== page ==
Conversely, once an operational mineralogy program is established at a site where a geometallurgical model exists, the mineralogy for feed material can be reconciled with the model. The results of the reconciliation process can be used to update the geometallurgical model. Actual processing performance of feed characterised by operational mineralogy can be used to update the geometallurgical model in order to make it more predictive for processing of future feed material.

 

For example, a geometallurgical model may have a domain of material where metal recovery is related to a combination of grade and pyrite content. Once updated with operational mineralogy data for feed from this same domain this relationship can be further refined and applied back to predict the behaviour of remaining in-ground material.

 

Geometallurgical models are based on thousands of assay data points, hundreds of mineralogy analyses and tens of metallurgical testwork results. If a geometallurgical model can be updated with operational mineralogy data and real processing performance data the amount of data in the model will increase exponentially resulting in a far more robust predictive tool.

 

If you want to find out more contact us or sign up for our workshop, Introduction to Operational Mineralogy at Geomet ’16.

 

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Workshop: Basics of Operational Mineralogy

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For all of you who are going to, or thinking about going to, the AusIMM Geomet 16 conference in Perth we look forward to seeing you there.  If you have been following our series on Operational Mineralogy, or are just interested in how you can begin to build a capability for mineralogy at the mineral processing plant then we strongly encourage you to stick around until Friday the 17th of June and attend our workshop on the “Basics of Operational Mineralogy“.  This workshop has been designed to provide a grounding in how to set up Operational Mineralogy on-site, what the benefits are and how it can be linked to geometallurgical modelling to support forecasting and reconciliation.  Places are limited so register here to secure your seat.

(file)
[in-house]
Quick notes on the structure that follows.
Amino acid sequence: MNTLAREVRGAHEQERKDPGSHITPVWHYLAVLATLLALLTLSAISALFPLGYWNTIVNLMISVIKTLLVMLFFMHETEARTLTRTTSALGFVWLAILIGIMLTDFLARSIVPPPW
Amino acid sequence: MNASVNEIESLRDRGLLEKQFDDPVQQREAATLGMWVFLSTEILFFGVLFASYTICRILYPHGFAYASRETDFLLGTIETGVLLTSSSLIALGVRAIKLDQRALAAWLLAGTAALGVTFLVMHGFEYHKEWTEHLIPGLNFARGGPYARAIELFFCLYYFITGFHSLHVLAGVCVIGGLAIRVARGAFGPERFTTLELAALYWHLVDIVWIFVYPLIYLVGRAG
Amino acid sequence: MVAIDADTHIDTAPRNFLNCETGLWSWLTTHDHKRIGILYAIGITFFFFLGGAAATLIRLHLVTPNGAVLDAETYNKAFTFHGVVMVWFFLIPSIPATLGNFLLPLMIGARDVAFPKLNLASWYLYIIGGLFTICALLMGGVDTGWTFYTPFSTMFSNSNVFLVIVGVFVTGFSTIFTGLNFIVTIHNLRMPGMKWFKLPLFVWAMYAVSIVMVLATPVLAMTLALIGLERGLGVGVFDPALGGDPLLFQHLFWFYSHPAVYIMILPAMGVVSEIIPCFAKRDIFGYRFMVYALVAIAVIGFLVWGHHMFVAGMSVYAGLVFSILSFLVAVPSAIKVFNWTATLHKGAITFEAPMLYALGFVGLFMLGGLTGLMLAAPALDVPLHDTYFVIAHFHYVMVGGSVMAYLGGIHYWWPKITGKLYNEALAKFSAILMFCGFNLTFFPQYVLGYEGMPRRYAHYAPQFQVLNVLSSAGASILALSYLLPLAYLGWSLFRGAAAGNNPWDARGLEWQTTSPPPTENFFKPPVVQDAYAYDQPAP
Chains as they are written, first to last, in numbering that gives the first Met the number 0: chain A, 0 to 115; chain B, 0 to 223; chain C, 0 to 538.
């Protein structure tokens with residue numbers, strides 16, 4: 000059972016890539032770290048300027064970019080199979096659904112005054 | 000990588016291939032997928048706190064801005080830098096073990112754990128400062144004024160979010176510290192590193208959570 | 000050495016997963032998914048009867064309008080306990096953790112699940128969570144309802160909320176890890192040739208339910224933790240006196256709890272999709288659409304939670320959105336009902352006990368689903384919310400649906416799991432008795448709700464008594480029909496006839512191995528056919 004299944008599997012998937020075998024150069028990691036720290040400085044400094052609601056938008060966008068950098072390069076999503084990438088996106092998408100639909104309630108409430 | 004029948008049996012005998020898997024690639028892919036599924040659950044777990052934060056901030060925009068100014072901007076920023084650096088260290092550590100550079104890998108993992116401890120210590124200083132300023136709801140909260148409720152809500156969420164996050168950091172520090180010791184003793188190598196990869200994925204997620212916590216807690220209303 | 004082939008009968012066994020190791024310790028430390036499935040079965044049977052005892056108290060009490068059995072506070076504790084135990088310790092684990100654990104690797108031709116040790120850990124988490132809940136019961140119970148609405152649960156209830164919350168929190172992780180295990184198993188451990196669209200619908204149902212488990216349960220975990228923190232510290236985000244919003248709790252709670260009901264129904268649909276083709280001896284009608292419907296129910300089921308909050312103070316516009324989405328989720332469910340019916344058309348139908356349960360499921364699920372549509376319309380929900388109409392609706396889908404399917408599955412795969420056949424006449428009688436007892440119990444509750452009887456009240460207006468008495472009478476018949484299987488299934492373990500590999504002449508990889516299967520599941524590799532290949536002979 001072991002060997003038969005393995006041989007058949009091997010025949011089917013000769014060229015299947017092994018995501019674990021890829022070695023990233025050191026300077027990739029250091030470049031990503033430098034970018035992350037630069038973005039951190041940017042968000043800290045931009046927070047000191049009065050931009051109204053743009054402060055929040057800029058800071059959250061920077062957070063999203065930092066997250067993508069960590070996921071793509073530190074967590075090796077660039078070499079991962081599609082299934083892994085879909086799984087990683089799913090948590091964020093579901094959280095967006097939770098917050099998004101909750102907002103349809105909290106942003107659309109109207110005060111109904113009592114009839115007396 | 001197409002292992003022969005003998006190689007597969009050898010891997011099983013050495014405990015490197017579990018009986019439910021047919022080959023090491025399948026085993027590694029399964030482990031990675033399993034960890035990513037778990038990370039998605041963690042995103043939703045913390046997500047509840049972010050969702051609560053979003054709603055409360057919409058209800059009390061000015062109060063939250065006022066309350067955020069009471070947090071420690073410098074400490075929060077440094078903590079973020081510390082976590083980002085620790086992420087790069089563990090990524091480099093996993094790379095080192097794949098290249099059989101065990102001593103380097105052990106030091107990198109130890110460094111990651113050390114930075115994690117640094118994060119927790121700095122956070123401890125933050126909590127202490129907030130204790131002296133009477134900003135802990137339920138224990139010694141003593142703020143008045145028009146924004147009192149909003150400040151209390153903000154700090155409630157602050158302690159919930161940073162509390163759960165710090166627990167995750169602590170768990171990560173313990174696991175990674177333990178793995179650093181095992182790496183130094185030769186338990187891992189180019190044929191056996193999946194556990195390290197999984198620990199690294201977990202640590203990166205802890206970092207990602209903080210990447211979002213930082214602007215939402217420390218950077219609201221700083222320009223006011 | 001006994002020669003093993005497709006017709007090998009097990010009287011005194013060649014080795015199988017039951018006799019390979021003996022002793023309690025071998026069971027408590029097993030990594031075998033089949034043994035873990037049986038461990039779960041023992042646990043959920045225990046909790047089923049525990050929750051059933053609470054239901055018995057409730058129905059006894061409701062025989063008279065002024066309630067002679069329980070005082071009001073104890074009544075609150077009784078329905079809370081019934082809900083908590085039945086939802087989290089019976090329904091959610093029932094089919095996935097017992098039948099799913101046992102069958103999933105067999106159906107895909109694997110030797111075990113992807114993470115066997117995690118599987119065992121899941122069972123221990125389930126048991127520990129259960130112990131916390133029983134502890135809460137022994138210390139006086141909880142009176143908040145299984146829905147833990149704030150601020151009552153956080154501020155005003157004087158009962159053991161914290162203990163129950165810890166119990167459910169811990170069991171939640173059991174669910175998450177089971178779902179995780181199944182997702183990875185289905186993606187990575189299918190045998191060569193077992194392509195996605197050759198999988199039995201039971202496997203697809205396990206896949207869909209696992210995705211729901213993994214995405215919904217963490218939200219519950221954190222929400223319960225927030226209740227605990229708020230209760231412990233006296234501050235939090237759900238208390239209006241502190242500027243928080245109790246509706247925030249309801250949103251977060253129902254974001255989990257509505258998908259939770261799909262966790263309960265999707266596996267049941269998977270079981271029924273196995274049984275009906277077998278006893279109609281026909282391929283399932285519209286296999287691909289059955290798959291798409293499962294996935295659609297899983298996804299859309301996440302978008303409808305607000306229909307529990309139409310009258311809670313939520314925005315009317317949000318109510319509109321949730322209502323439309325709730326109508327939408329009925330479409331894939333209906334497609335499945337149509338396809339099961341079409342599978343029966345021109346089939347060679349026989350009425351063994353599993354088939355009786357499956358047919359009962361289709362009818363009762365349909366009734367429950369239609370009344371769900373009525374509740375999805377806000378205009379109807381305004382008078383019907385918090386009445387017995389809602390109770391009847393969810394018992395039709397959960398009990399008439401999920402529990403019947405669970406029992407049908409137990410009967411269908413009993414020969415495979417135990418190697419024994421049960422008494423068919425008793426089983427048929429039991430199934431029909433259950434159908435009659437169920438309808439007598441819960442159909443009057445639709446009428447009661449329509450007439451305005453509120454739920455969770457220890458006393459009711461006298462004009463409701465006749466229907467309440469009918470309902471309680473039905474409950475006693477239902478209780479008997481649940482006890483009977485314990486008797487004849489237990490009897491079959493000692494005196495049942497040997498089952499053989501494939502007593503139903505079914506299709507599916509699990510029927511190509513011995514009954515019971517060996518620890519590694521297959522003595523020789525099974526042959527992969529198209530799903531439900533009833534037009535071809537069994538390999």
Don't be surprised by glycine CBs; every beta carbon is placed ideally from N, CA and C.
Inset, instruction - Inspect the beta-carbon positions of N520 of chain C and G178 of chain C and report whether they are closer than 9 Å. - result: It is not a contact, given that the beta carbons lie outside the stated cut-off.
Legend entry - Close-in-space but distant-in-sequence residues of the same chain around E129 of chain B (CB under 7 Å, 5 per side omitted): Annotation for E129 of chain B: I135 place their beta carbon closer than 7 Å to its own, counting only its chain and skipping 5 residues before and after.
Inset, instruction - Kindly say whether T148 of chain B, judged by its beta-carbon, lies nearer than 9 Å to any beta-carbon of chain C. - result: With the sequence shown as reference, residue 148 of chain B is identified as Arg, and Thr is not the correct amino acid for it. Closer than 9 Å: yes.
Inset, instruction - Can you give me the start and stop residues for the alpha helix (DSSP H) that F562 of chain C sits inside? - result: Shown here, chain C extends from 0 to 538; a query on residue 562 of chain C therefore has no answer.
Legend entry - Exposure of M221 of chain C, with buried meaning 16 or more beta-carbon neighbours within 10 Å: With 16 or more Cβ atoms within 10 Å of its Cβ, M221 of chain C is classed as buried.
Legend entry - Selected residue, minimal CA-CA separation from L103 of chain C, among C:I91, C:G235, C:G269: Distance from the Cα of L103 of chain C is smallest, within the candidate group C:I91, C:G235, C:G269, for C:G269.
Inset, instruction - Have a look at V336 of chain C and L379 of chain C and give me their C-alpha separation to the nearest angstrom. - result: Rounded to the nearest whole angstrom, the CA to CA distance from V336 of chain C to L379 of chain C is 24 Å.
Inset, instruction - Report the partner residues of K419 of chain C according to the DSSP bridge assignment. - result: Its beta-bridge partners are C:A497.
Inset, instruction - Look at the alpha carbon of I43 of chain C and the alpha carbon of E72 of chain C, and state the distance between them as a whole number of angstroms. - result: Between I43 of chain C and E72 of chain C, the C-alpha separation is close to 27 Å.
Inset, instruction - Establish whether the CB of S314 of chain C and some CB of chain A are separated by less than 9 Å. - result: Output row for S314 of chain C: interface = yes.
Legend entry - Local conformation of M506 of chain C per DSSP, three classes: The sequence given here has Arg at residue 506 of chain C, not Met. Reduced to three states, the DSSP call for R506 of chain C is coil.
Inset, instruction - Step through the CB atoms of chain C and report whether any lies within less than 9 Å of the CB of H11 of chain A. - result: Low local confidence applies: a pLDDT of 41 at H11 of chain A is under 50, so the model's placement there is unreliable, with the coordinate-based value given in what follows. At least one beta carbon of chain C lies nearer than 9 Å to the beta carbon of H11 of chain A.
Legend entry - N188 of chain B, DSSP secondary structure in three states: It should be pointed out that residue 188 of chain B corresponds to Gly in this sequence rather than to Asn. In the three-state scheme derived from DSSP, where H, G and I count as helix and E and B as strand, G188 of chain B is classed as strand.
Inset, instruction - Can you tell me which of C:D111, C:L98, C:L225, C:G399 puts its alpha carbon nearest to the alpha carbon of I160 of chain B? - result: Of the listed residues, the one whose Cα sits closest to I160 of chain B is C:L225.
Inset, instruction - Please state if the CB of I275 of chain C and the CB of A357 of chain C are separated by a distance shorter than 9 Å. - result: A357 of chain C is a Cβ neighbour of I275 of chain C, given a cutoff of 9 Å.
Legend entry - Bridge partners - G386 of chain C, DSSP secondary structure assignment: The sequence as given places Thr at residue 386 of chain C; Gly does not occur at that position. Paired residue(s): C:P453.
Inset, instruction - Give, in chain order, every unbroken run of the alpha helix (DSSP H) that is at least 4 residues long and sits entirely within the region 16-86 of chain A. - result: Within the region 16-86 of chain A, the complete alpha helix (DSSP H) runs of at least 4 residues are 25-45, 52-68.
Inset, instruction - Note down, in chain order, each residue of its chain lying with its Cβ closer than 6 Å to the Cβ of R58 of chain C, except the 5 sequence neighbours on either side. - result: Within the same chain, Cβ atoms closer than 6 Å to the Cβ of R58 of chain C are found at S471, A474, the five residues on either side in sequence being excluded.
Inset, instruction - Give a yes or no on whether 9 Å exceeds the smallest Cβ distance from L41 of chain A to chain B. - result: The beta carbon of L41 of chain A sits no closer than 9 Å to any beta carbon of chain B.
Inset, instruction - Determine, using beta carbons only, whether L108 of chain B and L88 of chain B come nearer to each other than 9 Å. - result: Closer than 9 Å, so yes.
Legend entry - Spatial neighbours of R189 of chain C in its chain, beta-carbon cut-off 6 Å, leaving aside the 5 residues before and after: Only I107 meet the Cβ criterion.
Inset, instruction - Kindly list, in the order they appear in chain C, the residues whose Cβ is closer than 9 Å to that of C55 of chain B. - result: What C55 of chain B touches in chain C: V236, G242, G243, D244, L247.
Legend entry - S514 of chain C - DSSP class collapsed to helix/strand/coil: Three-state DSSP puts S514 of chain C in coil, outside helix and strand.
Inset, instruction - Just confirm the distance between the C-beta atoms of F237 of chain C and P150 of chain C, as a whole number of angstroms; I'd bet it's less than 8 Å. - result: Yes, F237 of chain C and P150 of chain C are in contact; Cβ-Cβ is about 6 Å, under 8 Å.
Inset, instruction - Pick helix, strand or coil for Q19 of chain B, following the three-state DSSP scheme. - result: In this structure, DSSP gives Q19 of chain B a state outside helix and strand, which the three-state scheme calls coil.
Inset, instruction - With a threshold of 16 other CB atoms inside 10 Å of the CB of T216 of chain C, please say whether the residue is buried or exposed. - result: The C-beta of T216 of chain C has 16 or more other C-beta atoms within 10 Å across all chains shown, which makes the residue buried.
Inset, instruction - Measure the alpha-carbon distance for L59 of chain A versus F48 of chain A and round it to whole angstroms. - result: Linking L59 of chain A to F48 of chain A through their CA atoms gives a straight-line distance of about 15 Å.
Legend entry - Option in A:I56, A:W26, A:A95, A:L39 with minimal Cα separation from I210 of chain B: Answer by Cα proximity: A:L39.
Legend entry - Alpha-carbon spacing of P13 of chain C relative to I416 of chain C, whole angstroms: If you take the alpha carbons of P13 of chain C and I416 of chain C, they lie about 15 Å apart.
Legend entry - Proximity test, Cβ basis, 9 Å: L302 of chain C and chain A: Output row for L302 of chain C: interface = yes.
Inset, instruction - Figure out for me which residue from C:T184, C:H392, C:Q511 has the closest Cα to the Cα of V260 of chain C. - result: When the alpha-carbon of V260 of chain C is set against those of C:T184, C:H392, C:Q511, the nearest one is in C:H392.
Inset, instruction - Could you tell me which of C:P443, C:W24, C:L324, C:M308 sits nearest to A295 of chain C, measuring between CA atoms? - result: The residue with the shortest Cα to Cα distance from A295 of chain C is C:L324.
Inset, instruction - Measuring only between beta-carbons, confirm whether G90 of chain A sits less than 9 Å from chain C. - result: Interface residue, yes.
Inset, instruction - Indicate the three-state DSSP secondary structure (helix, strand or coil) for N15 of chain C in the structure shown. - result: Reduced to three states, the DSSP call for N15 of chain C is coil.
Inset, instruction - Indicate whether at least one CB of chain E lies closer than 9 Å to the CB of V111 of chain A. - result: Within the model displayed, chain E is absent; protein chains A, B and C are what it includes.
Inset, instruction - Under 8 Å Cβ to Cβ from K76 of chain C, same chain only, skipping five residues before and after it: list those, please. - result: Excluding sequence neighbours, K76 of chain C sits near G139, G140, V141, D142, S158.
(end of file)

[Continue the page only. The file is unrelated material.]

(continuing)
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The iMin Workbench – A framework for predictive control with mineralogy

Since the introduction of automated mineralogy almost 40 years ago the holy grail has been to bring the capability to operational sites.  Having mineralogical information at our fingertips in a form simple enough to be used in day-to-day decision making is something that is well established in bringing huge benefits to operations, but it is only now, with the introduction of ruggedised SEM systems and cloud based expert support becoming a reality.  Pioneers such as Wolfgang Baum with Phelps Dodge and Robert Schouwstra with Anglo Platinum, among a swathe of others have highlighted the positives that integrating mineralogy into process optimisation can bring when applied on a project basis.  More recently the success that we have had at Kansanshi Copper Mine is testament that this can be extended to the day-to-day operation of large complex sites.  Now that this capability is at our fingertips it is time to start thinking about how all this extra data can be useful for operations, without overwhelming the site personnel and becoming more trouble than it is worth.

 

After the introduction of iMin Solutions I wanted to introduce the framework in which we are developing not only generation of mineralogy on-site but the support structures that need to be in place to make the most value from that investment.  Today I will introduce the iMin Workbench, which is the framework in which we will tie the generation of mineralogy information on-site with how it can be integrated with existing datasets to bring true predictive analytics to our operations.

 

How the iMin Workbench can be implemented to add revenue to your operation

How the iMin Workbench can be implemented to add revenue to your operation

 

 

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From Paragenesis to Processing: Geological Reconstructions Carry Implications for Mineral Processing

 

Source: http://www.northam.co.za/about-northam/zondereinde

Source: http://www.northam.co.za/